Soweto is now a “city” of 3 million, and although it has a mall, several millionaires and some nicer neighborhoods, it is not safe for tourists who don’t know what they’re doing.  We arranged for a guide to meet us at the airport and take us to Soweto and to the Apartheid Museum (which was modeled after the Holocaust Museum in Washington, DC).   Our first stop in Soweto was not Mandela’s birthplace, or Reverend Tutu’s current home, but rather the shantytowns that we’ve seen on tv and in photos. Just in the middle of everything, right off of a bustling street, is one of many collections of corrugated iron, salvaged wood, and many other miscellaneous items that people use to create their homes.  I thought I was prepared for it. I’ve seen poverty in other parts of the world.  But this was far heavier than I expected.

A local guide met us to take us safely into the “neighborhood” of 20,000, and we were met by beautiful smiling children and immense poverty.  We weren’t in an area that is entirely untouched by tourists – we saw 2 other groups like us while we were there – but these people live in a way that certainly isn’t supported by tourism. One woman showed us her home – a rectangular shack no bigger than 10×15 with one bed and a kerosene burner. And this is what she shares with her husband and 2 kids.    Here are a few pics:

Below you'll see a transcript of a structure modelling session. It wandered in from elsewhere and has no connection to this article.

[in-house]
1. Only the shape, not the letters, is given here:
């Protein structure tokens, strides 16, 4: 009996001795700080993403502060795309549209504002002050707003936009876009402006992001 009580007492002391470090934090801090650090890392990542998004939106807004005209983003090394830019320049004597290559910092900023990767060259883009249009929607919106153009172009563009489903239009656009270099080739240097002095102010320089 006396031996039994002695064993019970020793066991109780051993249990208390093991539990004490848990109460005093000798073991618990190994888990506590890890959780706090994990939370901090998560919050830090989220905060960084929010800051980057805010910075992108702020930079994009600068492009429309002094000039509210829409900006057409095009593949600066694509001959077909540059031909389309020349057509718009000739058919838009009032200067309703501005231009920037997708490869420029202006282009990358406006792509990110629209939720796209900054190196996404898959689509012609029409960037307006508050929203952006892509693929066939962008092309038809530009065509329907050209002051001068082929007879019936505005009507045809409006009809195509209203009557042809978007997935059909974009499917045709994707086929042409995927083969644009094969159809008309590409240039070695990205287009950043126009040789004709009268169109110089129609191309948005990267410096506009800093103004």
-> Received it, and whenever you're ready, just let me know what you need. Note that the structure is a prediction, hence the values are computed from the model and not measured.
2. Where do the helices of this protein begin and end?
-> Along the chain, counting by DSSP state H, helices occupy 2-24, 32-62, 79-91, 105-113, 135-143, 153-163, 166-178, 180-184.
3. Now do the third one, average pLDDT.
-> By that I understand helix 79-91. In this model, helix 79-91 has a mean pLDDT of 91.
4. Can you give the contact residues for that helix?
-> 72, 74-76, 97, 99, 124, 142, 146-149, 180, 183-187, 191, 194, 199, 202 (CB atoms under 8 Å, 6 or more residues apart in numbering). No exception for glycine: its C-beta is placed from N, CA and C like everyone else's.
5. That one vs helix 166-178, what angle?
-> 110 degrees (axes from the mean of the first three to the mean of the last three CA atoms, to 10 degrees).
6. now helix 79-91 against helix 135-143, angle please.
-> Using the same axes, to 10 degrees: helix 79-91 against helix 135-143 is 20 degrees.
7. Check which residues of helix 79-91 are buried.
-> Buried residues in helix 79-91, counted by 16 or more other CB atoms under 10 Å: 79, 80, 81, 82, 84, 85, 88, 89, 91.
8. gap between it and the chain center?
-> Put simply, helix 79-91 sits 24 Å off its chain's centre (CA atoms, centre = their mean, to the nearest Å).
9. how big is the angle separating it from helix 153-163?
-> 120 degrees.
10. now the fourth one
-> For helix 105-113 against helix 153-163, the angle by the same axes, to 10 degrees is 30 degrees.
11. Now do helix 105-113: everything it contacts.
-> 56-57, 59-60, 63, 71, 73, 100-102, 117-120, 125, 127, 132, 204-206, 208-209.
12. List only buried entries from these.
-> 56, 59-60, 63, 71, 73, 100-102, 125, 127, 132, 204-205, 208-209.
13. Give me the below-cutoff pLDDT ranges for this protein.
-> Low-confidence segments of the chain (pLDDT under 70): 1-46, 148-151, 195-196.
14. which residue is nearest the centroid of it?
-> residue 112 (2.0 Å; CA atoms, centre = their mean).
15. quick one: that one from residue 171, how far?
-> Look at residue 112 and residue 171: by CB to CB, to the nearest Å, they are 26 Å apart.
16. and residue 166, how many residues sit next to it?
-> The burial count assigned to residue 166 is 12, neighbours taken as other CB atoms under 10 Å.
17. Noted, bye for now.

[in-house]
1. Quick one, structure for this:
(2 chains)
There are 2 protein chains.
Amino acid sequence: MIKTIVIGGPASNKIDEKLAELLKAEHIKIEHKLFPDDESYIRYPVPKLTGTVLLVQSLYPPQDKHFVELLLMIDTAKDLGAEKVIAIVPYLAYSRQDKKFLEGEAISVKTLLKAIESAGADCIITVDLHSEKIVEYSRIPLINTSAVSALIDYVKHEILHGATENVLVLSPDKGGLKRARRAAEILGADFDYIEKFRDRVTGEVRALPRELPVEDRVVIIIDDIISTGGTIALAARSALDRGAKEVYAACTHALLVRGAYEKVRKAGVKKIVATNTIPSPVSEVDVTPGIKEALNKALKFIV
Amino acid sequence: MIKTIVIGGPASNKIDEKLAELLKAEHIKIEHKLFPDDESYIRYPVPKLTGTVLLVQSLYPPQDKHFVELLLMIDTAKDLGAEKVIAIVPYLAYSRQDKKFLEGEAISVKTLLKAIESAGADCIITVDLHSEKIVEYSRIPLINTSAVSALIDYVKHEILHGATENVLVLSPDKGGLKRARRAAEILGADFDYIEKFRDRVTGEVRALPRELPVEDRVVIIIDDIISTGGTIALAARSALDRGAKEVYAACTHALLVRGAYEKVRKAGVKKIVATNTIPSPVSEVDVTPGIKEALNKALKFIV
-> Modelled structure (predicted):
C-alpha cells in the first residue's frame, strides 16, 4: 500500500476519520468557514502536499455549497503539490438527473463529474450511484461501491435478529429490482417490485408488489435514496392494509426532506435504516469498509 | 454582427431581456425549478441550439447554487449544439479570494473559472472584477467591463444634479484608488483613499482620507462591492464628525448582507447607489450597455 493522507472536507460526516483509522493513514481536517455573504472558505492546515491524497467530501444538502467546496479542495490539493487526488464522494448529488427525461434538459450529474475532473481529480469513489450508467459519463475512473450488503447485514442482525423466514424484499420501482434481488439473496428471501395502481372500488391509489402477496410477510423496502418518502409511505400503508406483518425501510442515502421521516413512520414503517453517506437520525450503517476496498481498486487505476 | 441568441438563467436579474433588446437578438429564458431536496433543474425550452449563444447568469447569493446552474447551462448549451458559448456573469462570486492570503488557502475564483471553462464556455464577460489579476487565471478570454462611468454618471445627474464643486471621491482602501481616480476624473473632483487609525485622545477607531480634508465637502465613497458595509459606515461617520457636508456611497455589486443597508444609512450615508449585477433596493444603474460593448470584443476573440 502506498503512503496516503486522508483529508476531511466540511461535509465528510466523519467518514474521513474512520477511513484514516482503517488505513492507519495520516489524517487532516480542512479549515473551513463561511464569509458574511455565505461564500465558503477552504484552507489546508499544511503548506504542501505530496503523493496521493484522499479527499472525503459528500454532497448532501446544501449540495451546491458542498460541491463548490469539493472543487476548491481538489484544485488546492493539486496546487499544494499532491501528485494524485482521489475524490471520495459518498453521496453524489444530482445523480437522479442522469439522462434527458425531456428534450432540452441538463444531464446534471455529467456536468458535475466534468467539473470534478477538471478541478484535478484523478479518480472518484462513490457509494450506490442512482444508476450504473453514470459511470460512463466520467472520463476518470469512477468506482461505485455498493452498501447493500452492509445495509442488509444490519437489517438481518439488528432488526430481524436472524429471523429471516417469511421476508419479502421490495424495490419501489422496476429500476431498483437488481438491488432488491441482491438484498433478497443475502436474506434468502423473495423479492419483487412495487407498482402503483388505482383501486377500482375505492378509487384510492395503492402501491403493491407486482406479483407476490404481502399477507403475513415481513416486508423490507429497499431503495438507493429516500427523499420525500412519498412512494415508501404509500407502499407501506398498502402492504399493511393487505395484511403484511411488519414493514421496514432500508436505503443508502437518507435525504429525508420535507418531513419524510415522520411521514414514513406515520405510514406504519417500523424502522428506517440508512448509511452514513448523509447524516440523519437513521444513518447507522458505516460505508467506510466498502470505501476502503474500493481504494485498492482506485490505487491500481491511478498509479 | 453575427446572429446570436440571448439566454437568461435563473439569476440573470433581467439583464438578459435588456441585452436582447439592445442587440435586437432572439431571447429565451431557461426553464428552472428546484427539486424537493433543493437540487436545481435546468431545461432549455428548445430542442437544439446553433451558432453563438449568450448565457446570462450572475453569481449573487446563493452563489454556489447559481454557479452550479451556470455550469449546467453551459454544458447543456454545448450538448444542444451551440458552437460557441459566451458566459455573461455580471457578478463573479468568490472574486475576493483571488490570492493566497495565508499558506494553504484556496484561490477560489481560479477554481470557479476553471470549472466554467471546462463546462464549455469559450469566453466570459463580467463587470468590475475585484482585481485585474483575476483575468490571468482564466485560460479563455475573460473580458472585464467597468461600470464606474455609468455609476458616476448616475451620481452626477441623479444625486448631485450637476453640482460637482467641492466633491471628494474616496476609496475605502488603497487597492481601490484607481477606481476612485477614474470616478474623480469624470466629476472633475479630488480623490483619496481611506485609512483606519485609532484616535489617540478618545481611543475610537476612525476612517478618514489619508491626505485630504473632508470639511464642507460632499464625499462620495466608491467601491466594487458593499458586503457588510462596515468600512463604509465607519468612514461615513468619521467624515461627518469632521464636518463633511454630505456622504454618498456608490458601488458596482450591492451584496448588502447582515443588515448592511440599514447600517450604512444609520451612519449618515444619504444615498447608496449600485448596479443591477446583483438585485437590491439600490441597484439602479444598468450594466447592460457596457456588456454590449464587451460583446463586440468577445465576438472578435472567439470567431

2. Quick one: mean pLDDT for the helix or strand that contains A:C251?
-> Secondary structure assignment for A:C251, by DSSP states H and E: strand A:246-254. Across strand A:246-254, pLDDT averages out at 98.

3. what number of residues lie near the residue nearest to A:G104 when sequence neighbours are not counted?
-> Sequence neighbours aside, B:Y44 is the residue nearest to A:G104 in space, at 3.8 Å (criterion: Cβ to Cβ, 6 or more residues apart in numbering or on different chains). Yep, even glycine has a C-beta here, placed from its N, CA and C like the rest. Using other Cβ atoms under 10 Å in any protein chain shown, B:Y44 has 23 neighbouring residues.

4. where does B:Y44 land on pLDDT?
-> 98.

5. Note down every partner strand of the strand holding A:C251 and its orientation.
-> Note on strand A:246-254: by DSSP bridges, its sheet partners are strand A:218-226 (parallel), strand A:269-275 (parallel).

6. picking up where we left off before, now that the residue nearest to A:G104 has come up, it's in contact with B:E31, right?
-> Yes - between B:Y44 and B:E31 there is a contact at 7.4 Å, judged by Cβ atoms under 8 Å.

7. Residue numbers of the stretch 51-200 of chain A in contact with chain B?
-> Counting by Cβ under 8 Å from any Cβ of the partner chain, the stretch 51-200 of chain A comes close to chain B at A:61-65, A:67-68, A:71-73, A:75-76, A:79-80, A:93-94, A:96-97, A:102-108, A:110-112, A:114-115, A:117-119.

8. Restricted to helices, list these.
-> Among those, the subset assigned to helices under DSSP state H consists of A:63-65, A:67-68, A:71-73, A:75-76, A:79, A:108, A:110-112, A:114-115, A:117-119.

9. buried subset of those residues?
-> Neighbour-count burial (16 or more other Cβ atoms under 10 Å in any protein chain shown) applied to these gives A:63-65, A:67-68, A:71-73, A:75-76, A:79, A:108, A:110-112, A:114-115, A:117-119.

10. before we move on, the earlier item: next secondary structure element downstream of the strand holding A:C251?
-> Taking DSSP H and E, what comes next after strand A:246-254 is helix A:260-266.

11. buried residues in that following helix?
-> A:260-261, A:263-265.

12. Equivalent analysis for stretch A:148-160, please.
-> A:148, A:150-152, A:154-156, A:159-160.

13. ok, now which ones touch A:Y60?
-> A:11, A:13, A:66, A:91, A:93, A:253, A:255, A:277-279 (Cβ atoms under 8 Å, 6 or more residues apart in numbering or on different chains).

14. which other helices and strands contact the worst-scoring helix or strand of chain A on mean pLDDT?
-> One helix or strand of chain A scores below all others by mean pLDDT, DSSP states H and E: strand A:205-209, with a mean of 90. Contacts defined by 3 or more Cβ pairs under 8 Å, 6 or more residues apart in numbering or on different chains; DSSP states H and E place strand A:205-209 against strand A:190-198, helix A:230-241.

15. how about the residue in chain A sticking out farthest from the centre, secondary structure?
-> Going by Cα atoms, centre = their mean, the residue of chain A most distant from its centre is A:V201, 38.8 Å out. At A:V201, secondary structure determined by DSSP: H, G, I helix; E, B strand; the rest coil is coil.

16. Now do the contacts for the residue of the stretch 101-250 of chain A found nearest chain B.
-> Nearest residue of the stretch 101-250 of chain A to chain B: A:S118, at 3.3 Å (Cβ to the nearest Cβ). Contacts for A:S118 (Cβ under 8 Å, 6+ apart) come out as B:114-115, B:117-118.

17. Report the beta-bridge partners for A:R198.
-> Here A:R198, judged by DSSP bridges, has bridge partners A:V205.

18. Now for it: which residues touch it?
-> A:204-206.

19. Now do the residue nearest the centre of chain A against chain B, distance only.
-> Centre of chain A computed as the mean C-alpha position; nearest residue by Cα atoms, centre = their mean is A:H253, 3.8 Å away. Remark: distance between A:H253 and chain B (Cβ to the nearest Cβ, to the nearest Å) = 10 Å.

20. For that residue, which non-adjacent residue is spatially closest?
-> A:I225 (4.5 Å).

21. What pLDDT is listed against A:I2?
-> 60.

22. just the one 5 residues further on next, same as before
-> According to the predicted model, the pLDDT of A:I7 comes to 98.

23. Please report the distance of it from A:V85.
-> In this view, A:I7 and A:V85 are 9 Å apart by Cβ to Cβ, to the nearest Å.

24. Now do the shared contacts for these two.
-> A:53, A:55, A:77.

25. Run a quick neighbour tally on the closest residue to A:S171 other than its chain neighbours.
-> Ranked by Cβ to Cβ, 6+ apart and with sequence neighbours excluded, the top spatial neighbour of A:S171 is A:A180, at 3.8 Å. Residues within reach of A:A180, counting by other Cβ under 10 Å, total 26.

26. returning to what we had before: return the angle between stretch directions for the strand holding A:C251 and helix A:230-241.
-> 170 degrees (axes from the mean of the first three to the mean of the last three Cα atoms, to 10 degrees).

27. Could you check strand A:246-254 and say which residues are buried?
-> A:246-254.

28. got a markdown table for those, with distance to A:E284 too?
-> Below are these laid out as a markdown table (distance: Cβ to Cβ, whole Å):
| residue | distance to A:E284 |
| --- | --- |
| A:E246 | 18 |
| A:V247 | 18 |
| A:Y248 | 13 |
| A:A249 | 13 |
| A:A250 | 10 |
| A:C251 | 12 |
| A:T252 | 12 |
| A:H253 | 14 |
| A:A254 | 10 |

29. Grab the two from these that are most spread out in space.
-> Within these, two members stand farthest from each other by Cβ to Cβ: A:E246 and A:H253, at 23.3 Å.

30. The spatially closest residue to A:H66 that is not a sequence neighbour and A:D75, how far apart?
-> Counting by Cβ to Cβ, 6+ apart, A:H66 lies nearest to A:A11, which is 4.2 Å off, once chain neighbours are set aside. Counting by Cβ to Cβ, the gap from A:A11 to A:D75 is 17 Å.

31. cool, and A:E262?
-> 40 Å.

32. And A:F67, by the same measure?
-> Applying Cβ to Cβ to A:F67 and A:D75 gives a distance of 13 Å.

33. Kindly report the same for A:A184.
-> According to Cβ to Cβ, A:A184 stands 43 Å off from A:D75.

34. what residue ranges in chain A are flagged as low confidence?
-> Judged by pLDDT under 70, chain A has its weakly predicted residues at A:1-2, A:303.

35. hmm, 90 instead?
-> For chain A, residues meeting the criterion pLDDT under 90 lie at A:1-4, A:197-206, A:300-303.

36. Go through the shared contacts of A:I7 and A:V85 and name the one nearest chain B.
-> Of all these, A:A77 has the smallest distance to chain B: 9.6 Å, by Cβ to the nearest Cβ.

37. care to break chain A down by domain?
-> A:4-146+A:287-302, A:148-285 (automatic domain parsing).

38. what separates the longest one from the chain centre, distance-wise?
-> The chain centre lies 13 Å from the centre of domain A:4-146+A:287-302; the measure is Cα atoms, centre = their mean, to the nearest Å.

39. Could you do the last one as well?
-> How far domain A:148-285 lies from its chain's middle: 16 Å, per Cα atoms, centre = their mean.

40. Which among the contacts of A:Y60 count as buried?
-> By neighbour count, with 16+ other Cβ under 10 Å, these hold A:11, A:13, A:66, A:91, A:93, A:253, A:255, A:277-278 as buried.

A face of Soweto

Kids love cameras

We were told not to give money to the kids because it teaches them not to beg. So hard to resist, but we had to.

Home for four people

Doing what can be done to make for a "comfortable" home


I’m still trying to fully absorb that visit to the township.